By Annie Tam
Chuchel is an absurd, zany, surreal point and click game where you guide a character named Chuchel. You go through a series of puzzles and minigames with the goal of getting the object of Chuchel’s desire, which is a ripe juicy cherry. Chuchel finds himself in all sorts of ridiculous and silly situations, and his primary partner in crime/nemesis/pet is this cute little companion whose name is Kekel. It’s a very playful game with a lot of interesting interactions, sound, and animation, and is extremely slapstick in nature.
In this video, I’m going to talk about how the game Chuchel emulates traditional slapstick found in movies, shows, theaters, and cartoons. Made by Amanita Design and released in 2018, Chuchel is a great take on classic slapstick humor in a more modern, untraditional medium – that is to say, a game! I’m also going to talk about how Chuchel differs from traditional slapstick, but that comes quite a bit later.
The idea that Chuchel has a lot of slapstick comedy is usually quite obvious when you play the game – this ridiculously fuzzy, orange, temperamental ball named Chuchel constantly undergoes a series of physical mishaps — there are plenty of pratfalls, objects thrown, clumsy tripping and falling, and so on and so forth — and these mishaps are often accompanied by the sounds of squeaks, boings, squelches and plops.
What I really want to do here is articulate why Chuchel feels so slapstick-y, and explicitly explain how it embodies traditional slapstick. Recognizing that Chuchel is slapstick is one thing, but understanding the why and how of it is quite another .
What is Slapstick Comedy?
So, what is slapstick, in a more traditional sense? What might you see in more veteran mediums, like film or theater or cartoons? I’m going to mainly rely on Louise Peacock’s article “Slapstick and Comic Performance”. One of the definitions Peacock provides is the following:Slapstick is “a mode of performance that relies on broad physical comedy…derived from performed violence and comic pain and is likely to involve trips, falls, beatings, and throwing of items”
Let’s now take a quick look at the history of slapstick, starting with live performance: Commedia dell’arte, otherwise known as “Italian comedy,” dates back to the 16th century, and was performed by theater troupes from Italy throughout Europe. The performers often wore masks, forcing them to project their characters’ emotions through bodily movement and action, such as — leaps, obscene gestures, tumbles, and all sorts of physical performance.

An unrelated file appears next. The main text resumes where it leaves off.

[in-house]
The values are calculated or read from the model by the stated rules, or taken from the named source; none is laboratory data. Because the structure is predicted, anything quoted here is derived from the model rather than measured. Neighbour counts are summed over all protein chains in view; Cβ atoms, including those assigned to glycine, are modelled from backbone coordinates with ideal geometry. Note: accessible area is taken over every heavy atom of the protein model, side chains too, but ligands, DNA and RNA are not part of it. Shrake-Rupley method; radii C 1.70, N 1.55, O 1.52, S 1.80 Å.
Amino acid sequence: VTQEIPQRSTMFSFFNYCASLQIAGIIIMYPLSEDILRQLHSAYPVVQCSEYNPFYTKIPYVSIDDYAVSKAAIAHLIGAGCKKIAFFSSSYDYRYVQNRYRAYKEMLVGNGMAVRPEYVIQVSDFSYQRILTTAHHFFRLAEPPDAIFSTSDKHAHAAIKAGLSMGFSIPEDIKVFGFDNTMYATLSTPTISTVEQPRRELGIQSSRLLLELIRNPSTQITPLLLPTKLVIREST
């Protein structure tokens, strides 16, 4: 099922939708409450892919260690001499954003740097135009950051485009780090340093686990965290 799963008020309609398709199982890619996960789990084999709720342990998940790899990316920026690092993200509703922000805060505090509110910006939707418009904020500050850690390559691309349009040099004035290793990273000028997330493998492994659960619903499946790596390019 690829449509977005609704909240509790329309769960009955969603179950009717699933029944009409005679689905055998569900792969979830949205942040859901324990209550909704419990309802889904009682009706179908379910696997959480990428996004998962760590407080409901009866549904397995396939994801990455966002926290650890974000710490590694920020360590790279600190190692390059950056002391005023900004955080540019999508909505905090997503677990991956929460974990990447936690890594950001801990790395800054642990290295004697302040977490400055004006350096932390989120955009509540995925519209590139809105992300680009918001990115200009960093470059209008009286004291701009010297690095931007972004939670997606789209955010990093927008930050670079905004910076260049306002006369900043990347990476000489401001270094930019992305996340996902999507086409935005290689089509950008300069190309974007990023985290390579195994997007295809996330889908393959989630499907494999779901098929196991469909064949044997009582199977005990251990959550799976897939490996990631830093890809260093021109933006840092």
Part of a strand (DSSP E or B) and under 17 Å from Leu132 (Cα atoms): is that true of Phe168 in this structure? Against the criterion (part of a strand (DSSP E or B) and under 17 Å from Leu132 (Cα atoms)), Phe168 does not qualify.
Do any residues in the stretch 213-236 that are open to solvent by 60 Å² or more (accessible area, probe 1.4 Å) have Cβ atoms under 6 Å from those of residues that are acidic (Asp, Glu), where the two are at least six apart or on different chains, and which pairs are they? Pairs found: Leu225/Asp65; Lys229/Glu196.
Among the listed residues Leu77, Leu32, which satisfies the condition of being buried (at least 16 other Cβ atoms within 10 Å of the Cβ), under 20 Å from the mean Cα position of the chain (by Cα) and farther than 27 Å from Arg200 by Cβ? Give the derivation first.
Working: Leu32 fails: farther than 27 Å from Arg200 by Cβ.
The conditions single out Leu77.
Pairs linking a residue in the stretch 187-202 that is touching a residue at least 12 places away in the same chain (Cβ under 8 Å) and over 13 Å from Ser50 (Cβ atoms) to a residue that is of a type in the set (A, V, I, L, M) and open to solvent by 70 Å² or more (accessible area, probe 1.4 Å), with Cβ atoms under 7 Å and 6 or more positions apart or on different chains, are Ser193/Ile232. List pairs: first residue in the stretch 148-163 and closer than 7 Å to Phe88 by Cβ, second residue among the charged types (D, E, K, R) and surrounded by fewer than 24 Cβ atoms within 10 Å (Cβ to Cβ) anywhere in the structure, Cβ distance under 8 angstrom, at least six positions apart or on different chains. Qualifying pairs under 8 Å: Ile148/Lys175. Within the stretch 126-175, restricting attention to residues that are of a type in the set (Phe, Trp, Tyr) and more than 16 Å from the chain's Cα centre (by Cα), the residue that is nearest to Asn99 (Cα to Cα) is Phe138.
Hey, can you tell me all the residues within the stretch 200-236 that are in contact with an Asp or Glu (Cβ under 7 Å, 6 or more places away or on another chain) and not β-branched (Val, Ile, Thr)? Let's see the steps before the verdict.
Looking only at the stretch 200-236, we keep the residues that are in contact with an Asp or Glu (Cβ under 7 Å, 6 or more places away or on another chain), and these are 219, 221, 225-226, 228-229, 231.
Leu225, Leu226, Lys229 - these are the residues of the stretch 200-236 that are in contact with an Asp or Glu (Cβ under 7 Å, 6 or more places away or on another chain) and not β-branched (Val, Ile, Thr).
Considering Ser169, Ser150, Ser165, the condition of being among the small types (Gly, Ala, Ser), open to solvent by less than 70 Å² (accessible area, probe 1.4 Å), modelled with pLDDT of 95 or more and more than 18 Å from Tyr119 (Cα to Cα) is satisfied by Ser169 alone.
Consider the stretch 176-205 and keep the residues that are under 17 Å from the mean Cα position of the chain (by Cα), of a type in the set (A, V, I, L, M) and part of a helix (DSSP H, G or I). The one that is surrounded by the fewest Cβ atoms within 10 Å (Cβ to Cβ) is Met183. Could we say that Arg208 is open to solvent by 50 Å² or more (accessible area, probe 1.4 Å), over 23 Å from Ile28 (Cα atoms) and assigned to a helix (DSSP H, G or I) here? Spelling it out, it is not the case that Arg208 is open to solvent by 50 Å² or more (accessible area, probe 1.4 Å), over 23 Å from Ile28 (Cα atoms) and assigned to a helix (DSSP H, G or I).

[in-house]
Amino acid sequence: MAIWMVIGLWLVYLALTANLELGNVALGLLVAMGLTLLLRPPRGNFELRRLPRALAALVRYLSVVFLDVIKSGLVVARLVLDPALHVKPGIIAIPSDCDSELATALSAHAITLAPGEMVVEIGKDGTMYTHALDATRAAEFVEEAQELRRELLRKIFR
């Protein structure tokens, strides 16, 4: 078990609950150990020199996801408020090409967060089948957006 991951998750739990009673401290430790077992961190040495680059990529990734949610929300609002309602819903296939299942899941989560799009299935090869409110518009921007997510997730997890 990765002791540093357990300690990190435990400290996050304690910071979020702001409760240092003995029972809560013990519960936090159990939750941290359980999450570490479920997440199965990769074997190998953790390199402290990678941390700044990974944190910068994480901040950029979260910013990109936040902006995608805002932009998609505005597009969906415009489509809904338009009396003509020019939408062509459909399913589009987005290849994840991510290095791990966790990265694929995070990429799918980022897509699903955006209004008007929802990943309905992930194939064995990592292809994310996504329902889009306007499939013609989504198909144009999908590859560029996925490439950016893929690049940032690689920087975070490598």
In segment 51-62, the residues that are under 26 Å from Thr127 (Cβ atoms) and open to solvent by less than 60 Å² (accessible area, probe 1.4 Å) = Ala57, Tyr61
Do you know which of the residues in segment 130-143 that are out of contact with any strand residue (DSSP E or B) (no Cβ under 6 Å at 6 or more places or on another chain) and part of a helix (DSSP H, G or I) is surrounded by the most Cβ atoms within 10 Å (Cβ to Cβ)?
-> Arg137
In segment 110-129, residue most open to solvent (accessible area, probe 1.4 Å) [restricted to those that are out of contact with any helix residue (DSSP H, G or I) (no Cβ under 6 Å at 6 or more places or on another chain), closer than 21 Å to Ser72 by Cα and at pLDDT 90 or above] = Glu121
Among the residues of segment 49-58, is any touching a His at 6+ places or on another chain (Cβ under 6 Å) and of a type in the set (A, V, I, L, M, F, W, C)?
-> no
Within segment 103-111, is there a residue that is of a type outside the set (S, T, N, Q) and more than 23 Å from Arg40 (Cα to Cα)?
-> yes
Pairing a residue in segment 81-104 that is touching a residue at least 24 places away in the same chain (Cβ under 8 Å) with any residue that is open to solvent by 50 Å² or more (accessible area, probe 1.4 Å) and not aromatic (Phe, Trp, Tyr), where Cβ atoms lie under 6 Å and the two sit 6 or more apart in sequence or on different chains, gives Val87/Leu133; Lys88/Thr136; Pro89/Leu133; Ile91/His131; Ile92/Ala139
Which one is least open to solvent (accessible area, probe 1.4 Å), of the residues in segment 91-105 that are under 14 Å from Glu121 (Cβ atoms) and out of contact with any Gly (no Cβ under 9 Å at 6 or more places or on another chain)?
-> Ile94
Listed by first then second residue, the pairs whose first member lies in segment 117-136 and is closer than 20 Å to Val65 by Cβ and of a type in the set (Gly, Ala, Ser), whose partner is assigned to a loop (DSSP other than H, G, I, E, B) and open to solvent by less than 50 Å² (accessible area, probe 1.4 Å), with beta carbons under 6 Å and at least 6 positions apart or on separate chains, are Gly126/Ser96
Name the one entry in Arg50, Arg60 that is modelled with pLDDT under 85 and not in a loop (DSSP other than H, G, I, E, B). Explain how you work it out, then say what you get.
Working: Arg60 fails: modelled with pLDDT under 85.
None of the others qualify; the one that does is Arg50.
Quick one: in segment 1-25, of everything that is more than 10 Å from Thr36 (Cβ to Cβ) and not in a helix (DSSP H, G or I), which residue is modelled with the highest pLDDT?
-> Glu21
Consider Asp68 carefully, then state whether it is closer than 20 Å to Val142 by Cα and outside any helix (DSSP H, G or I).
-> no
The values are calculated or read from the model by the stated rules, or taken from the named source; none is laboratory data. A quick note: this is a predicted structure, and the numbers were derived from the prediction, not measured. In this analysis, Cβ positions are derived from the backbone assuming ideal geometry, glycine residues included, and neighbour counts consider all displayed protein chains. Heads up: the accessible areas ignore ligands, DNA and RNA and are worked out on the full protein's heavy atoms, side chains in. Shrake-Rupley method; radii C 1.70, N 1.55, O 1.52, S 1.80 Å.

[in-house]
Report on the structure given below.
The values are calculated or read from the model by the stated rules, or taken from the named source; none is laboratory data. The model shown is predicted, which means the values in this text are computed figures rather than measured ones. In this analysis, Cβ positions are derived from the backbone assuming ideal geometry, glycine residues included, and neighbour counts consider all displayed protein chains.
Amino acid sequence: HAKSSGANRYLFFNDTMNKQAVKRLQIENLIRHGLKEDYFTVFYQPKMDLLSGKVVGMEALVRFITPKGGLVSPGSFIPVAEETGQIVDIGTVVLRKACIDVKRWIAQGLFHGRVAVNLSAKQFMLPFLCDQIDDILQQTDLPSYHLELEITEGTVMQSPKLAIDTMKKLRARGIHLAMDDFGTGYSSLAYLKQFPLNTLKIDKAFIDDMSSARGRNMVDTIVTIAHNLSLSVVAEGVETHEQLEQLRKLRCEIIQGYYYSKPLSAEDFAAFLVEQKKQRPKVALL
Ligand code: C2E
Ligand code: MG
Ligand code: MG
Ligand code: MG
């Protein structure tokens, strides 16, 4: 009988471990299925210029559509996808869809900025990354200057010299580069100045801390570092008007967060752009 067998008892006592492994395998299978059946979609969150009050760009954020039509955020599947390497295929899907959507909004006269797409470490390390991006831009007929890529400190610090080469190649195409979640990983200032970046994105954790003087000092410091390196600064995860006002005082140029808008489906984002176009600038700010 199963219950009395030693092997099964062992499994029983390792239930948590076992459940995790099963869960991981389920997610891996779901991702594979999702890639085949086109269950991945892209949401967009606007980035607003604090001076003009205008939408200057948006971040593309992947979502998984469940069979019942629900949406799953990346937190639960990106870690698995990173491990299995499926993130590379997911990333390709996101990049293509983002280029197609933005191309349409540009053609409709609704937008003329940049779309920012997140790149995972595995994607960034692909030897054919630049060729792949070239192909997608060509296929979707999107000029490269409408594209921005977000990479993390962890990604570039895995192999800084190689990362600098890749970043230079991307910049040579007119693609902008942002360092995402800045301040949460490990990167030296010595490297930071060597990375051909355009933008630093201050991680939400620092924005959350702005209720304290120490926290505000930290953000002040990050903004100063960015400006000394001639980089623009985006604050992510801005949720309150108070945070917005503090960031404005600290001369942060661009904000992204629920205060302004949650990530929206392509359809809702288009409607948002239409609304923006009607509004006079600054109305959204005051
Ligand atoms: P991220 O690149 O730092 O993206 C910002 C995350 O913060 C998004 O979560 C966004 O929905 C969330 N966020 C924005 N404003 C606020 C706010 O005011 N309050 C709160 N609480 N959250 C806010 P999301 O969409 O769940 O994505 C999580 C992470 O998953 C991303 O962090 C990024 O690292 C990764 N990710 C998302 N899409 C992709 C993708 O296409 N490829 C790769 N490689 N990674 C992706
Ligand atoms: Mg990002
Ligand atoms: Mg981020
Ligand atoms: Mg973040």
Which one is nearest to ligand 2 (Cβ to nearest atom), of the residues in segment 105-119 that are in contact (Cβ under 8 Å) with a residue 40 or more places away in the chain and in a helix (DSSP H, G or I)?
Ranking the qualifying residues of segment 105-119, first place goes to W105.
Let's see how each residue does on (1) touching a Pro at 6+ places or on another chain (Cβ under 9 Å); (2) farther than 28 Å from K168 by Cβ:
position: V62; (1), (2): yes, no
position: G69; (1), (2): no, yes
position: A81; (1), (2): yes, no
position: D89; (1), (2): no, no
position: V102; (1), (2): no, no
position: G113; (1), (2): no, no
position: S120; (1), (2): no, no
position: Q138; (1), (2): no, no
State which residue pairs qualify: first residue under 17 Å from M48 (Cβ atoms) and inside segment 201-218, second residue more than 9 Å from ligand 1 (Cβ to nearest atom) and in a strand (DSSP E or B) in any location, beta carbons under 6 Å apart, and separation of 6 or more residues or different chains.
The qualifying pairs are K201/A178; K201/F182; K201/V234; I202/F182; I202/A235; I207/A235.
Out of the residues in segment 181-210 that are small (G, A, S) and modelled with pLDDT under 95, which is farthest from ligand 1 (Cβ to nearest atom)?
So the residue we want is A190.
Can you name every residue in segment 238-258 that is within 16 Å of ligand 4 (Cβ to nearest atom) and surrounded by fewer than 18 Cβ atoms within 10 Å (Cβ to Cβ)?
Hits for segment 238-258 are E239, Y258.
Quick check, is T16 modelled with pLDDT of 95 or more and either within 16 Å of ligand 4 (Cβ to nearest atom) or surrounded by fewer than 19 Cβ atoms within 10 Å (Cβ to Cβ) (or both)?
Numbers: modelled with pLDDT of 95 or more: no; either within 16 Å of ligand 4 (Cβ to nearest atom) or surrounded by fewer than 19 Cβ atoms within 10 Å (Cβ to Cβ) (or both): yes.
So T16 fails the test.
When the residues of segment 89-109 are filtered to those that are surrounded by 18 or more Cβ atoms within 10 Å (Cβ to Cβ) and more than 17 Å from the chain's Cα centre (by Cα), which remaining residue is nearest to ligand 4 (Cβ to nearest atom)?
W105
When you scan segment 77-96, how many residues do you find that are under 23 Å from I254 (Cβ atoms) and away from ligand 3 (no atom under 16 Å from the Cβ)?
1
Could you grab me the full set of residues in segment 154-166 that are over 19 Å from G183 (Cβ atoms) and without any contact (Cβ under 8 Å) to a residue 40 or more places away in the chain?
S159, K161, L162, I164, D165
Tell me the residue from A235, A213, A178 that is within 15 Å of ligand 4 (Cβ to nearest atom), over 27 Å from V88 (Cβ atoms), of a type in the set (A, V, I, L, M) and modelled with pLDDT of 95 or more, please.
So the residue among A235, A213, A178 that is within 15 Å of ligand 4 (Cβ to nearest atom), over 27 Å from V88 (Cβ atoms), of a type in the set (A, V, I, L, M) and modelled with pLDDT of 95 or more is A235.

Additionally, the characters were often meant to satirize Italian stereotypes, like the foolish old man, or devious servant. Peacock notes that the highly stylised performance combined with the masks worn by the actors discourage the audience from developing an empathic relationship with any of the characters.
There are clearly elements of slapstick present in Commedia dell’arte — the costumes and exaggerated movements dehumanize the performers and allow the audience to laugh, even when conflict or violence arise. The exaggerated caricatures of Italian stereotypes combined with an absurd comic frame give us something we can all point to and laugh at — the characters and their stupidity are recognizable, yet exaggerated enough so as to be foreign, as are the absurd situations and circumstances the characters find themselves in.
Circus clowning is another early form of slapstick, dating back to the mid-nineteenth century across the UK, Europe and America. Circus clowning relies mostly on physical gags, and similar to performers of Commedia dell’arte, the clowns perform with exaggerated movements, outlandish costumes, and face make-up. Peacock points out that such hyperbolized movement and appearance “go some way towards establishing an otherness about the performance that mitigates the appearance of pain.” However, unlike Commedia dell’arte, these characters are not satirizing stereotypes that can be found in reality; rather, the humor in circus clowning comes from the exaggerated movements and behaviors of the performers. The humor, then, is heavily grounded in the physicality of the performers.
Through their costumes and make-up, circus clowns become entirely “other”. The “gags” performed by circus clowns, further their ‘otherness’. The gags involve comic violence between clowns and dubious props, and are often of an excessive and unexpected nature.